Topic

Nonviolent Offenders

29 petitions

This petition won 1 year ago

Petition to Edmund G. Brown Jr., California Governor

Reduce my son's unjust sentence

My son Jeremy Stewart has been given 70 years in prison for stealing. He was convicted of burglarizing two homes while the residents were out. There was no confrontation, no threats, and no violence. California has the toughest Three strikes law allowing life sentences for property theft. My son had two prior nonviolent offenses, the judge made the decision to enforce the law to the fullest. I have been fighting for a fairer punishment ever since. Under previous California law, Jeremy would have most likely been sentenced to about 12-15 years in prison. But because of California's 3 Strikes law, Jeremy received a harsher sentence than drug cartel hit men who had confessed to killing more than 20 people. They only got 25-years-to-life. Jeremy's poor decisions were made while he was dealing with a serious drug addiction and depression. He needed treatment and rehabilitation.This doesn't excuse his conduct and he knows he needs to face consequences for his actions. But 70 years to life with no good time credits allowed, means he won't be eligible for parole until he is 96. The cost, 5 million dollars to taxpayers. This is an unjust and  inhumane death sentence, all for nonviolent offense. Jeremy is not the only one being punished -- I am raising his two children in his absence. Every day, these innocent young children suffer emotionally missing their father. I struggle financially working to afford day care and their basic needs.This unjust sentence means his children will never be able share the same four walls as their father. He should have an opportunity to earn the right to return home to provide for his two young children, Heatherly and David, currently ages 5 and 6. Today Jeremy is serving his sentence at Centenila State Prison. He tutors other inmates, leads the Christian worship services and the Narcotics Anonymous group. He currently has a 4.0 GPA through Coastline College and will soon be graduating, just 4 more classes to go. He has been a model prisoner. Jeremy made a terrible mistake, but should a nonviolent crime put him behind bars for life?  A Petition for Clemency has been sent to Governor Edmund G. (Jerry) Brown to exercise his discretion and reduce Jeremy's sentence. I am asking the Governor to reduce his sentence to 20 years. I humbly and respectfully request your support. Please sign my petition and stand by me and my family as we fight to give Jeremy the chance to come home one day. Thank you. Elizabeth Stewart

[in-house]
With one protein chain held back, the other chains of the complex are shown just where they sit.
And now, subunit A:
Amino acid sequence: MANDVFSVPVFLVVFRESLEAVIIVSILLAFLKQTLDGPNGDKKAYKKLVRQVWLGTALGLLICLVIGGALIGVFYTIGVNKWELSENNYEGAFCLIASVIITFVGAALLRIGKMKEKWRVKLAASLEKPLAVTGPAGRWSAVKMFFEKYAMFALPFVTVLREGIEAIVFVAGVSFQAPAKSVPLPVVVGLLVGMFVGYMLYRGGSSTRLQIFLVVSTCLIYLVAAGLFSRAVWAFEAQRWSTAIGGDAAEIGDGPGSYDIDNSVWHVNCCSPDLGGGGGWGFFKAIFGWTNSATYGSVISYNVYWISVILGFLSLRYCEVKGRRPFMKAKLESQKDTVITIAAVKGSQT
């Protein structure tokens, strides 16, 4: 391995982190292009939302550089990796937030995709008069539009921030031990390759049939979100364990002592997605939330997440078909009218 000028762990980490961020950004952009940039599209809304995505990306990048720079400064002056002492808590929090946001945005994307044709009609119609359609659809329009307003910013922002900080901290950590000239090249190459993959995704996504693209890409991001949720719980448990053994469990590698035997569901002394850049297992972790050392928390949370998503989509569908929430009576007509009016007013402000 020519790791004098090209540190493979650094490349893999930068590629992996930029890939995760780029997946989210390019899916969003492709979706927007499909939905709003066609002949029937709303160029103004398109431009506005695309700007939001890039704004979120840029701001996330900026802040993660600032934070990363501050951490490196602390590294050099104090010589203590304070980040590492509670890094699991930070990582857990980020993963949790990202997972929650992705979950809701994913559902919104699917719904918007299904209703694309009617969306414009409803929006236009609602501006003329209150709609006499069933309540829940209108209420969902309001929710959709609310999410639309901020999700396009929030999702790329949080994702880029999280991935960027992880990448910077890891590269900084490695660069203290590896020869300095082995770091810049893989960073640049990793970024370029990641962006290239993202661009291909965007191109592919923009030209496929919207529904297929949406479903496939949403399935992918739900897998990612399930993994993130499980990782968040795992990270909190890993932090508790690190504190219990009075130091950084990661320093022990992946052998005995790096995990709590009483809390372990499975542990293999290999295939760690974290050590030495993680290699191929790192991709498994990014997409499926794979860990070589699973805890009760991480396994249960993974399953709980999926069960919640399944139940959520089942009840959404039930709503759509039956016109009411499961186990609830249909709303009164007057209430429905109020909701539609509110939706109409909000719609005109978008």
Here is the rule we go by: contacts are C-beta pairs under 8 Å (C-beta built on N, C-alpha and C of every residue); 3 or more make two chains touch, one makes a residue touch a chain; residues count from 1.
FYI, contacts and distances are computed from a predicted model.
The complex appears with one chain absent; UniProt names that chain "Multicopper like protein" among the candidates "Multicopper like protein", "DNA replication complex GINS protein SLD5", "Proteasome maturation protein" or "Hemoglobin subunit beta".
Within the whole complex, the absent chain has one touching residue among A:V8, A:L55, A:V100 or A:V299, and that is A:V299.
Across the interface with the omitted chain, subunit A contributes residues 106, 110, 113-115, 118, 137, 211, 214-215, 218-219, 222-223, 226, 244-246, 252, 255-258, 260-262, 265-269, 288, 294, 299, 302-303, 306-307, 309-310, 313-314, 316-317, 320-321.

Elizabeth stewart
55,643 supporters
Update posted 2 months ago

Petition to Donald J. Trump, Donald J. Trump, Donald Trump

Clemency for Craig Cesal - Serving Life Without Parole for Marijuana

Seventeen years ago, my dad, Craig Cesal, was arrested on a marijuana conspiracy case because he owned a trucking repair business. He would repair trucks that had been leased and used to smuggle pot. The trucks would be trashed after the marijuana was stripped from the secret compartments, and although it was obvious these trucks were being used to smuggle pot, my dad didn't think it was his business to report it.   He had no criminal history whatsoever, but today, he is serving a life sentence without parole because he didn't take a plea bargain, went to trial, and was therefore held responsible for everything the kingpin and smugglers had done. They cut deals, testified against him and they are all free today.  Marijuana is now legal for recreational use in nine states. And politicians like John Boehner are joining marijuana investment firms and plan to make millions of dollars while my dad rots in prison. His only chance at freedom is if President Trump commutes his sentence. My dad was a single, divorced, dad, and would tell my brother and I that if we got straight A's at school, we would go on a special trip, like Washington DC or Disneyland. It always worked. He would also make us wear T-shirts that said “I got straight A's and came to Disneyland.” He would also make us take photos with all the Disney characters. He loved to show everyone the photos of us with Disney characters when we got home. He was the best dad in the world and I don't see how his incarceration is serving any good purpose for our society. If President Trump does not commute my father's sentence, he will likely die in prison, especially since he has diabetes and has had medical complications and requirements that are not being properly met.  Please sign my petition so I can be with my father.  We want to make up for the time we have missed out on. You will end so much suffering if this petition succeeds in bringing him home.  Lauren Cesal

Lauren Cesal
302,810 supporters
Update posted 5 months ago

Petition to Donald J. Trump, Donald J. Trump, Donald Trump

Please Grant Clemency to Robert Shipp